Children of the Sun: A History of Humanity's Unappeasable Appetite for Energy

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Overview

We don’t often recognize the humble activity of cooking for the revolutionary cultural adaptation that it is. But when the hearth fires started burning in the Paleolithic, humankind broadened the exploitation of food and took one of several great leaps forward.All life on earth is dependent on energy from the sun, but one species has evolved to be especially efficient in tapping that supply. This is the story of the human species and its dedicated effort to sustain and elevate itself by making the earth’s stores of energy its own. A story of slow evolutionary change and sharp revolutionary departures, it takes readers from the origins of the species to our current fork in the road. With a winning blend of wit and insight, Alfred W. Crosby reveals the fundamental ways in which humans have transformed the world and themselves in their quest for energy. When they first started, humans found fuel much like other species in the simple harvesting of wild plants and animals. A major turn in the human career came with the domestication of fire, an unprecedented achievement unique to the species. The greatest advantage from this breakthrough came in its application to food. Cooking vastly increased the store of organic matter our ancestors could tap as food, and the range of places they could live. As they spread over the earth, humans became more complicated harvesters, negotiating alliances with several other species—plant and animal—leading to the birth of agriculture and civilizations. For millennia these civilizations tapped sun energy through the burning of recently living biomass—wood, for instance. But humans again took a revolutionary turn in the last two centuries with the systematic burning of fossilized biomass. Fossil fuels have powered our industrial civilization and in turn multiplied our demand for sun energy. Here we are then, on the verge of exceeding what the available sources of sun energy can conventionally afford us, and suffering the ill effects of our seemingly insatiable energy appetite. A found of the field of global history, Crosby gives a book that glows with illuminating power.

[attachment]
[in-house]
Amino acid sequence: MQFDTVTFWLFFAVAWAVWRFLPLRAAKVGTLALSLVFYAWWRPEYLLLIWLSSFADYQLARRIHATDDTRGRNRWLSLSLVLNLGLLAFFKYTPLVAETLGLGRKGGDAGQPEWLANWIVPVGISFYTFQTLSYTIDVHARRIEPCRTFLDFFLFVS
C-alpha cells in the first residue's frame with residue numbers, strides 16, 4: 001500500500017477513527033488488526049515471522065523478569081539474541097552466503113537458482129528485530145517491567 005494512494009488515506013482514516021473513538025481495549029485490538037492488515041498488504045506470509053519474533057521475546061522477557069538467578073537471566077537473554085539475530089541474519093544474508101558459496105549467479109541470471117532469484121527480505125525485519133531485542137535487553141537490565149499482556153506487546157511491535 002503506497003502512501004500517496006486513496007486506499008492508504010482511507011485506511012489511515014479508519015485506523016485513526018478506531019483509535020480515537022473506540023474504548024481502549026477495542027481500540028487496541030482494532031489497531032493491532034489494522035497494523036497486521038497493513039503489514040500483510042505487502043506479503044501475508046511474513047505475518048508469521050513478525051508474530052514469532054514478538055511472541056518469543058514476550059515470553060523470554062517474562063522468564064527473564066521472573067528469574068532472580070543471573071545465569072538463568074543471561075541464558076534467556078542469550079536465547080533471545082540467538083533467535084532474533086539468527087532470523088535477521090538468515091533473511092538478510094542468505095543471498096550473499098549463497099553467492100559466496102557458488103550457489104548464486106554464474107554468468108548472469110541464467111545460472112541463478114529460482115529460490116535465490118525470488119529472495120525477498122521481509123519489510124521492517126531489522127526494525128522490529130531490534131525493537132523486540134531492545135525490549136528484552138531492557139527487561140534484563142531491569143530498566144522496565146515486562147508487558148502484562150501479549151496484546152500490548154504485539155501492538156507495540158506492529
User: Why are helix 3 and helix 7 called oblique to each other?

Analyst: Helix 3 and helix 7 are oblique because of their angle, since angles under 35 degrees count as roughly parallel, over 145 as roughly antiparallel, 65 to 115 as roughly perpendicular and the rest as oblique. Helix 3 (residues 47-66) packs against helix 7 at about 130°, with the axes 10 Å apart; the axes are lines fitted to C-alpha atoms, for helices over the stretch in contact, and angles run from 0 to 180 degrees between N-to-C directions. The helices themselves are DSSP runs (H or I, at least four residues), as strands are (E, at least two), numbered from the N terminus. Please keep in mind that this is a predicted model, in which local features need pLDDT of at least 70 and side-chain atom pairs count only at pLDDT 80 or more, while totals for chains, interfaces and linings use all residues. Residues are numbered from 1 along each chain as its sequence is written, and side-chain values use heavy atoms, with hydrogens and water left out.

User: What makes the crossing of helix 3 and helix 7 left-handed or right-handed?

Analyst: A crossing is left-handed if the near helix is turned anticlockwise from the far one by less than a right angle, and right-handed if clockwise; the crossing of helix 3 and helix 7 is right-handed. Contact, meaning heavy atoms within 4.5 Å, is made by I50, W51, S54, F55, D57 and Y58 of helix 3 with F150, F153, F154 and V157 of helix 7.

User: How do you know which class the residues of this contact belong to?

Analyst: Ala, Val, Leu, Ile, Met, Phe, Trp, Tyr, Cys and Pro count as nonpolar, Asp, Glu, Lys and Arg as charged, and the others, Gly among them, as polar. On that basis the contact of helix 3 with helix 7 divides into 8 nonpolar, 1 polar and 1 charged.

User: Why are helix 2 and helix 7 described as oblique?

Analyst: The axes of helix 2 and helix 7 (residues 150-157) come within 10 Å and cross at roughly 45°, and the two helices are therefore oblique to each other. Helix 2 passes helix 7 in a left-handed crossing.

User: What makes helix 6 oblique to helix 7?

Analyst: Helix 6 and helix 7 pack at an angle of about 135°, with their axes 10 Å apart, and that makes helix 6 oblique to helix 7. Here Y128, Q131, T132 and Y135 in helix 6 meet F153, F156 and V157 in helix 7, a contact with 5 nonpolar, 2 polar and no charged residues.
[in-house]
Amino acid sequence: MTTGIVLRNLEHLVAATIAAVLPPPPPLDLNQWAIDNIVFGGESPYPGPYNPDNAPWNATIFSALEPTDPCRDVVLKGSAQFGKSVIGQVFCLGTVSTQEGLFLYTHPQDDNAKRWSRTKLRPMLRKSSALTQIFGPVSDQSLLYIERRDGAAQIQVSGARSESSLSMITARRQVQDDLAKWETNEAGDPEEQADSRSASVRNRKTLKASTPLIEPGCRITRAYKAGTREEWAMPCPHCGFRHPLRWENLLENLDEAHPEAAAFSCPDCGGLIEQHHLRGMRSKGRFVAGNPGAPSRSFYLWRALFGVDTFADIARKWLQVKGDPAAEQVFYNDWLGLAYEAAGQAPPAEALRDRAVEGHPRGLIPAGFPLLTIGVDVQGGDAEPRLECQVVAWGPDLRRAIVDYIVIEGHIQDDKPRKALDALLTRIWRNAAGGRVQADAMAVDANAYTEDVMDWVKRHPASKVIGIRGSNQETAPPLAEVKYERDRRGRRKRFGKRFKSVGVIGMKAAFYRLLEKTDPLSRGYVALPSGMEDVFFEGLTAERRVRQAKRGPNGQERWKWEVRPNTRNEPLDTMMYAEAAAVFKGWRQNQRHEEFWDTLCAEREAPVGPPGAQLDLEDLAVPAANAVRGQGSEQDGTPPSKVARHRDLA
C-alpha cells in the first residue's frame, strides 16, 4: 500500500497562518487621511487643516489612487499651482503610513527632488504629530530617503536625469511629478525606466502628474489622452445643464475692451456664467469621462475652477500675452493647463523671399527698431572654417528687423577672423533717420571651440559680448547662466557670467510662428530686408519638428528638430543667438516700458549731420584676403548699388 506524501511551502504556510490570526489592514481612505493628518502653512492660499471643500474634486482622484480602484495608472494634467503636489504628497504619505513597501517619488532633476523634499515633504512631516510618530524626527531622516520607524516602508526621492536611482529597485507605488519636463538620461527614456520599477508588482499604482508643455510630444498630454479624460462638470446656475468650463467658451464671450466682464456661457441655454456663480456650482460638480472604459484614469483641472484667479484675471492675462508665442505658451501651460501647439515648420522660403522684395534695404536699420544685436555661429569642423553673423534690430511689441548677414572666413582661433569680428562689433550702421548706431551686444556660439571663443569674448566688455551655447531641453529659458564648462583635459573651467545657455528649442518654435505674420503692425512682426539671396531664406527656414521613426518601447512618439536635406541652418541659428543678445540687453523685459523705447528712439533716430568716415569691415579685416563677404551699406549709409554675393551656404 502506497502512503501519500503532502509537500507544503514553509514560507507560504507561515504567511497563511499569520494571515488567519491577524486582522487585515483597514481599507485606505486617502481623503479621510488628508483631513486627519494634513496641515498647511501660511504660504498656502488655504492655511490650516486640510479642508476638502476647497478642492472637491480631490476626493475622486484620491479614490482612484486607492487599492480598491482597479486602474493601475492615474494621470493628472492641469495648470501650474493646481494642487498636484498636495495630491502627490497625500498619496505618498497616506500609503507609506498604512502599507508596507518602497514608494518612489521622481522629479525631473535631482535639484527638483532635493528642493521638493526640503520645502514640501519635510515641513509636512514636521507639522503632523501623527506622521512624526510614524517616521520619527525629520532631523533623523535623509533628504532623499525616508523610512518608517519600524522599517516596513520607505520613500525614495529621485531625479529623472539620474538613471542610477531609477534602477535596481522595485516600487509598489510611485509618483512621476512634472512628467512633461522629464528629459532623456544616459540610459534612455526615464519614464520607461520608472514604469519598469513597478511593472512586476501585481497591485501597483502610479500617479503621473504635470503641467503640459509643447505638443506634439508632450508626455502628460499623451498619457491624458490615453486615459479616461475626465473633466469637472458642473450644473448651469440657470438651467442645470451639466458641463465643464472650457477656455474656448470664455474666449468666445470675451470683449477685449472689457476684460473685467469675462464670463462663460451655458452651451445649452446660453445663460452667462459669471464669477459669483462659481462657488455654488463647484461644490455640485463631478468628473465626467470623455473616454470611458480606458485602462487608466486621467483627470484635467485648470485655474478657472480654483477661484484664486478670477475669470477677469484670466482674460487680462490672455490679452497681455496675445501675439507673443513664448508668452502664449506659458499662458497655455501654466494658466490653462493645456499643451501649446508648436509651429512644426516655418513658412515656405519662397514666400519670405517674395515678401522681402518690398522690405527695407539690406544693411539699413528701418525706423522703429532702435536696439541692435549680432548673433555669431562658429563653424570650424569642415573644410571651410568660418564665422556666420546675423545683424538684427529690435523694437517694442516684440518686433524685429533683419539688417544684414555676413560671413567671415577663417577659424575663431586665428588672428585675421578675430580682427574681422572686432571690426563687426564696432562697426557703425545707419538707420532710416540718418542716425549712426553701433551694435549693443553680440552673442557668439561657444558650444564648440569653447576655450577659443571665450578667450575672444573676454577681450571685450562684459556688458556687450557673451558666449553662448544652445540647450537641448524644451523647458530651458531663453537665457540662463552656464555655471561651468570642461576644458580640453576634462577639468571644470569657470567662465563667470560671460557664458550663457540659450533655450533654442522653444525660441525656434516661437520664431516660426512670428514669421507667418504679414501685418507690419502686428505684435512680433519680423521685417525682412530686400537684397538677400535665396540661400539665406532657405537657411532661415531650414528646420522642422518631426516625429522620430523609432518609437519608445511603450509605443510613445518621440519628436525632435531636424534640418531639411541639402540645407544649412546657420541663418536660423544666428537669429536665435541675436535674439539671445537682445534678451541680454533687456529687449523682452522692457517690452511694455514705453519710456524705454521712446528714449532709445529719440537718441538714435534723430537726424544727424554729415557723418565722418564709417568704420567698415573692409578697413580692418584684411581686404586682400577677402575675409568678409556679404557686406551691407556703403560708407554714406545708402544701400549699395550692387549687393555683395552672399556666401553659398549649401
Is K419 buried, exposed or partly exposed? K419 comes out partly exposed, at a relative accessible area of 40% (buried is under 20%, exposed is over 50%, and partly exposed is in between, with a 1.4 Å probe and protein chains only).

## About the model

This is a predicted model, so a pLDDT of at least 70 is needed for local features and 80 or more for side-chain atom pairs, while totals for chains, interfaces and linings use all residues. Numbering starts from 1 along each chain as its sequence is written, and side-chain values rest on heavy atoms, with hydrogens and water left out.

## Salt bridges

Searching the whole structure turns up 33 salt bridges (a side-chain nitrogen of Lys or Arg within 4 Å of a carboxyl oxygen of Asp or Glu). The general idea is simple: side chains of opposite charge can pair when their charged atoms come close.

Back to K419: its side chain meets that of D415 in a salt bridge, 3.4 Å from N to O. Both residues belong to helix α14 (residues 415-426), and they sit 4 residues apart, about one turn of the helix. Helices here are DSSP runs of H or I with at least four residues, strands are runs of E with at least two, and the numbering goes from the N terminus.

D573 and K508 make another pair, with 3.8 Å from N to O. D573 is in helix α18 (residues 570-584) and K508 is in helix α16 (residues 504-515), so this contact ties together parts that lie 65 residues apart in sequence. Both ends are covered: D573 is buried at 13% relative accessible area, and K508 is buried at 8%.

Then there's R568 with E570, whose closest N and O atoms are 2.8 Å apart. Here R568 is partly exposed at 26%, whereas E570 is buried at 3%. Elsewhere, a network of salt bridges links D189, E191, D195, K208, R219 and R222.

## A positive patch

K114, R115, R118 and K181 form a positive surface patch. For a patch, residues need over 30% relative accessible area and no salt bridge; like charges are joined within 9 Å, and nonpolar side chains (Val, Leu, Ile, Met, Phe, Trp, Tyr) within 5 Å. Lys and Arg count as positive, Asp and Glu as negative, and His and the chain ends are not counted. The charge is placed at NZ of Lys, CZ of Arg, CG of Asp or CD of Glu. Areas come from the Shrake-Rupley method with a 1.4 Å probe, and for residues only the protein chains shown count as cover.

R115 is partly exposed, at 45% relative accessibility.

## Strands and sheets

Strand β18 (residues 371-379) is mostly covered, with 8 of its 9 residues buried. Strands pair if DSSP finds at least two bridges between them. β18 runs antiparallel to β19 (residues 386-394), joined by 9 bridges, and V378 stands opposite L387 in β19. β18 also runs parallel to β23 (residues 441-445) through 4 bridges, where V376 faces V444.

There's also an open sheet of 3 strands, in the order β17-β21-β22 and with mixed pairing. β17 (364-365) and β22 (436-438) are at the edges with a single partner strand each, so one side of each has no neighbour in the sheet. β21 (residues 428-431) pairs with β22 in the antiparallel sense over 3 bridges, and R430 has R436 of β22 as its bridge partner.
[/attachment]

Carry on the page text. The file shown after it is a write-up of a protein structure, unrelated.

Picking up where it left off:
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Editorial Reviews

Publishers Weekly
Ever since cultivating fire, the human species has depended on tapping new sources of energy for survival, writes global historian Crosby (Germs, Seeds, and Animals: Studies in Ecological History). This enjoyable, humorously anecdotal study provides a succinct overview of our voracious "appetite for energy," most particularly the inventive (and indiscriminate) exploitation of sunshine in its fossilized forms-peat, coal, oil and natural gas. The hunter-gatherers of the Paleolithic era depended on muscle power to move through their world, and not much changed, Crosby notes, until the advent of the Industrial Revolution, when the first steam-powered engine was invented in 1712 by ironmonger Thomas Newcomen (James Watt, Crosby says, merely improved on Newcomen's design). Advances in harnessing energy trapped in organic matter followed quickly: whale oil used for lighting was supplanted by coal gas, kerosene distilled from petroleum and finally Thomas Edison's light bulb-itself powered by the electricity generated from coal and oil. This history explores how an ingenious and adaptable humankind found ever more efficient ways to harness "concentrated sun energy." Crosby is optimistic about the Earth's future-with the caveat that that future could be bleak without another energy breakthrough. B&w illus. (Jan.) Copyright 2005 Reed Business Information.
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Product Details

  • ISBN-13: 9780393931532
  • Publisher: Norton, W. W. & Company, Inc.
  • Publication date: 8/15/2007
  • Edition description: New Edition
  • Pages: 208
  • Sales rank: 769,532
  • Product dimensions: 5.40 (w) x 8.20 (h) x 0.60 (d)

Meet the Author

Alfred W. Crosby is the author of the groundbreaking work The Columbian Exchange: Biological and Cultural Consequences of 1492 and many other acclaimed works in global and environmental history. He is professor emeritus of history, geography, and American studies at the University of Texas in Austin. He and his family live in Nantucket, Massachusetts.

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Table of Contents

1 Fire and cooking 1
2 Agriculture 25
3 The Columbian exchange 45
4 Coal and steam 63
5 Oil and the ICE (internal combustion engine) 85
6 Electricity 101
7 Fission 127
8 Fusion 147
9 The anthropocene 159
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